UH med students watch what they eat - Hawaii News Now - KGMB and KHNL

UH med students watch what they eat

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HONOLULU (HawaiiNewsNow) -

The new year often means a new diet, right? For students at the University of Hawaii's John A. Burns School of Medicine, cutting calories and fat isn't a choice. It's part of the curriculum.

Fruit or french fries - which would you pick? UH students headed to the medical school's Kulia cafeteria to test out "The Diet Experience".

It's new coursework where med students go on different diets for seven days to learn what's appropriate for patients.

"As future physicians, we're going to end up having to make recommendations to our patients," says UH medical student Aniket Natekar. "So, then, if a patient says to you, ‘Do you do this?' and then, if we say, ‘No', then, it's like, ‘Then, why should we do it?'"

The first-year students have completed one of three diets, so far. Since they're learning about the heart and lung, they started with the cardiovascular food plan - which calls for reducing salt and sugar intake.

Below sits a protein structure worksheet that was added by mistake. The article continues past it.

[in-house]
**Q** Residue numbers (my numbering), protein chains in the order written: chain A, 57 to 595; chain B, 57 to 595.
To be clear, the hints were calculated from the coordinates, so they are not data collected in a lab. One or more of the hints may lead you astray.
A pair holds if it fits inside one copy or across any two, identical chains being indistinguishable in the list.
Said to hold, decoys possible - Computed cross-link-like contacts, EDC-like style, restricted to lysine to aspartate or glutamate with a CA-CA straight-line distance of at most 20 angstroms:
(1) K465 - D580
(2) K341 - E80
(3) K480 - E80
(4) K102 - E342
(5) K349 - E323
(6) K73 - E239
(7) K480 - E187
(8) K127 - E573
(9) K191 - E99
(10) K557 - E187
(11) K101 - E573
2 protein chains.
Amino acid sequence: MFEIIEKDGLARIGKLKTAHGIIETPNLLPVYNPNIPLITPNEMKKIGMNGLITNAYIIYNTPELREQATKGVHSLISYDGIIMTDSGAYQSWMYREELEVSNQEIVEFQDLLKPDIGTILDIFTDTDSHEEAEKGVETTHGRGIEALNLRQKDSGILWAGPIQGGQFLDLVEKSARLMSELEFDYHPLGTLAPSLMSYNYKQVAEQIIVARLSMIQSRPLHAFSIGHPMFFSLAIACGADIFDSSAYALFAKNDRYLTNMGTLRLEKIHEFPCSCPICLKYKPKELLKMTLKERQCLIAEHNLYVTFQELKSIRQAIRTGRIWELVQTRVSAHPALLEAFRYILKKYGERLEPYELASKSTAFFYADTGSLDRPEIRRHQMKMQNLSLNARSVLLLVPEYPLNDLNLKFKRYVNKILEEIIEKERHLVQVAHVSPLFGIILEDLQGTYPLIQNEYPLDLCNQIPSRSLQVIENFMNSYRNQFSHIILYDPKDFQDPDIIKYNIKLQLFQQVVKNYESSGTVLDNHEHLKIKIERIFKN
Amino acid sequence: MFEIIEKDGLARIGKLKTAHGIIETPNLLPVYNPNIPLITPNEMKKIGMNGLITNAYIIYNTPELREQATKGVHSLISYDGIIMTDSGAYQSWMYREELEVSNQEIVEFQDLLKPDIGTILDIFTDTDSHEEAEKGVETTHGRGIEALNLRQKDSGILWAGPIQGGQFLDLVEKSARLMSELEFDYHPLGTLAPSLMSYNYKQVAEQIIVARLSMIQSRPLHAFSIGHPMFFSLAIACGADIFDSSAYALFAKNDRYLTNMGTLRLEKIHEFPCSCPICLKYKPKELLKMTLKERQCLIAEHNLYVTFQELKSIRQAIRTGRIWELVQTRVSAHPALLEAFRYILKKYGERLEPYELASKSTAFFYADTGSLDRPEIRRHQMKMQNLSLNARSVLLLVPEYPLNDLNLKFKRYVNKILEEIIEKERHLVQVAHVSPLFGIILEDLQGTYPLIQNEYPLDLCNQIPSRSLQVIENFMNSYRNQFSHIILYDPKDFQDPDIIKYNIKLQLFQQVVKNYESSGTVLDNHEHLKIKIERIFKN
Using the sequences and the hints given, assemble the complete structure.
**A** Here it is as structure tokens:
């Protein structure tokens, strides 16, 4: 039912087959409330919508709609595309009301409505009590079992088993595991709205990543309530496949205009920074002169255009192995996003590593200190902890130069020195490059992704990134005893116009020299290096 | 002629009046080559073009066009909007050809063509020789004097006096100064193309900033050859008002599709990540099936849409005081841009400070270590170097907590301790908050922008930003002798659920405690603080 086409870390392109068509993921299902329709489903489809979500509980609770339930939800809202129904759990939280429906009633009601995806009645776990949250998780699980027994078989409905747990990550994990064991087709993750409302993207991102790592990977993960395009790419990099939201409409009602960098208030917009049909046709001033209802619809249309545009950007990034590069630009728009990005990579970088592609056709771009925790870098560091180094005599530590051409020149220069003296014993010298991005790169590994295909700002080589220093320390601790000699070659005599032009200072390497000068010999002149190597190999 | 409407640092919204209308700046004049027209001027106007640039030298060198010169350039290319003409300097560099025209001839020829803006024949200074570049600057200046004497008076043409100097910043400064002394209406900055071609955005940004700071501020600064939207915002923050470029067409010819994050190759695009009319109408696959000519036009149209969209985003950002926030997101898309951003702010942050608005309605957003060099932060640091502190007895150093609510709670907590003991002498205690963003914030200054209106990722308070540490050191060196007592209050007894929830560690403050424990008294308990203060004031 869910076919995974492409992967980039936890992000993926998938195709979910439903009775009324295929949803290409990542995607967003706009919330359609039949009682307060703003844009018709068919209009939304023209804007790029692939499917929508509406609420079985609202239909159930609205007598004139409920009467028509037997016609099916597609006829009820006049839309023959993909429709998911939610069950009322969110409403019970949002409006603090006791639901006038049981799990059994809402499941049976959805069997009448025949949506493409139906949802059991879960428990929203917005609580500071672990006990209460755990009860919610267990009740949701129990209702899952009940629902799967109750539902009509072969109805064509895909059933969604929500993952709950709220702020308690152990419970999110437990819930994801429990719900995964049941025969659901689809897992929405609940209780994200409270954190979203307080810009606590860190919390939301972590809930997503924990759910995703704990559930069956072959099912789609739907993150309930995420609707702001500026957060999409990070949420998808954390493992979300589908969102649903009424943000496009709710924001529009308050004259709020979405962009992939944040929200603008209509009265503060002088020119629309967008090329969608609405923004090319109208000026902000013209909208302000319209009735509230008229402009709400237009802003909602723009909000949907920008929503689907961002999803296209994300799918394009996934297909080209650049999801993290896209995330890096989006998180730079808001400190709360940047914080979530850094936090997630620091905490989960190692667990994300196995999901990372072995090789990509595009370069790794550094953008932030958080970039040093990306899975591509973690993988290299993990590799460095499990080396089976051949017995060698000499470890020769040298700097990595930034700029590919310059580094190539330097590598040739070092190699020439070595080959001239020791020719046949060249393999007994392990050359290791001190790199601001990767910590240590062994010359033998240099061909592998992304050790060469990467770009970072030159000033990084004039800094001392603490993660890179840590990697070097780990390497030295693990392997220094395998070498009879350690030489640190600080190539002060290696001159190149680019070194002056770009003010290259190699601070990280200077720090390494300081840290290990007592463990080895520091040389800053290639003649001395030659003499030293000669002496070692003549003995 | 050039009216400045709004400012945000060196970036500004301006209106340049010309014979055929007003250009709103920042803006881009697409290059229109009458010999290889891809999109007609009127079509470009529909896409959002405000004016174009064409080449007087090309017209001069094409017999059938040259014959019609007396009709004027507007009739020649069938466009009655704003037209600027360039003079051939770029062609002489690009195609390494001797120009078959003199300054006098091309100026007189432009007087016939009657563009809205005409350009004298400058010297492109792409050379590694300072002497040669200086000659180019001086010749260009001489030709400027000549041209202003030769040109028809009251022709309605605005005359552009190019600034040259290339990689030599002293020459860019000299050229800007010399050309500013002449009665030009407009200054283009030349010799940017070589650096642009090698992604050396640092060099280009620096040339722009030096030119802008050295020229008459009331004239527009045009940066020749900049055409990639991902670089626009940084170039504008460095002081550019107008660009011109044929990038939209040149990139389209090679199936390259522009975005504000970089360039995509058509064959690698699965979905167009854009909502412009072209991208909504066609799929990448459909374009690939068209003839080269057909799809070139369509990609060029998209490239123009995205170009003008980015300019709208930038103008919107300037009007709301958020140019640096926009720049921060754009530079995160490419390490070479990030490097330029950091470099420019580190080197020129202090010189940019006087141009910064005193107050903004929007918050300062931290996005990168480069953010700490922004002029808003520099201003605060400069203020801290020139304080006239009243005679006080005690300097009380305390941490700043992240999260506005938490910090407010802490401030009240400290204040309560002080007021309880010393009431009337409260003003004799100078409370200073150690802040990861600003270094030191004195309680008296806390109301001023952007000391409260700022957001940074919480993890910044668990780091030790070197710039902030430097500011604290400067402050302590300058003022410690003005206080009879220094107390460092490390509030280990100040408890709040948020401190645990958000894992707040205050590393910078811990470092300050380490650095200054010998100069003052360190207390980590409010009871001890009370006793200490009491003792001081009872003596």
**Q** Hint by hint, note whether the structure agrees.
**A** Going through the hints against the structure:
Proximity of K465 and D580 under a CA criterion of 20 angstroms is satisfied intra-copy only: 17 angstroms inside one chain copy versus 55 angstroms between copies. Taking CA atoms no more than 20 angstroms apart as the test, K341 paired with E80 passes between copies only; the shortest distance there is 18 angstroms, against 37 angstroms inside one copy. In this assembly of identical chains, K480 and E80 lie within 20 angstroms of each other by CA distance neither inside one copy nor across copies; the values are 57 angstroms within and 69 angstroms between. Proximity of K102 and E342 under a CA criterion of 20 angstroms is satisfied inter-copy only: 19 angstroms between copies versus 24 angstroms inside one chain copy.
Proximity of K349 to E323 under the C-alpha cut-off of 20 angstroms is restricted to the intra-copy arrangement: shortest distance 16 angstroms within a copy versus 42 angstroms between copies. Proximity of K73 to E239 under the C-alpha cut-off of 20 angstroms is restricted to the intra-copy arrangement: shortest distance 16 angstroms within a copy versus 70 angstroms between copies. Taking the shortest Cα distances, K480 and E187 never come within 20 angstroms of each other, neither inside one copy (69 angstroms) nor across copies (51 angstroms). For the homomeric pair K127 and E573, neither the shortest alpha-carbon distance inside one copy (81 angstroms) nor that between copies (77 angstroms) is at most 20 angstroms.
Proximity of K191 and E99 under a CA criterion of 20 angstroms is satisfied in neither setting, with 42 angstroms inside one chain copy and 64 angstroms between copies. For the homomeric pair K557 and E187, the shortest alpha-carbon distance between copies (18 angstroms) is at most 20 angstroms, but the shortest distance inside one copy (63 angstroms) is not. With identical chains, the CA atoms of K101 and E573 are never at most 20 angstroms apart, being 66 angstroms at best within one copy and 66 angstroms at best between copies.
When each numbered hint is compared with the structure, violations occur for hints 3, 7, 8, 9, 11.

"Not having dessert was really hard," says med student Momal Mazhar. Another student, January May Andaya says, "I know, you love your sweets." Mazhar replies, "I love my sweets!"

"Actually, there were times when I did crave salt," adds Andaya.

Assistant professor Sheri Fong adapted The Diet Experience idea for UH and says students come away feeling more empathetic.

"The experience allowed the students, not only to put into action what they learned about the cardiovascular diet, but also, see some insight into how difficult it is for patients to follow a diet that's prescribed by their physician," says Dr. Fong, PhD.

They'll also cover the renal diet for kidney issues - and a gastro-intestinal diet for diabetics and celiacs.

"You can't always make the perfect choice with the options you're given, but you can make a better choice," explains future doctor, Ari AuWinitzky.

The students have learned not to go "cold turkey" on bad foods. Med student Yun Jenny Jiang suggests, "I think satisfying little urges from time to time is essential for actually being on a diet."

Otherwise, they say, you'll give up too soon.

This is the first year that the med school has incorporated The Diet Experience. When the students were asked how many of them could follow the diet for a whole week, nobody raised their hand.

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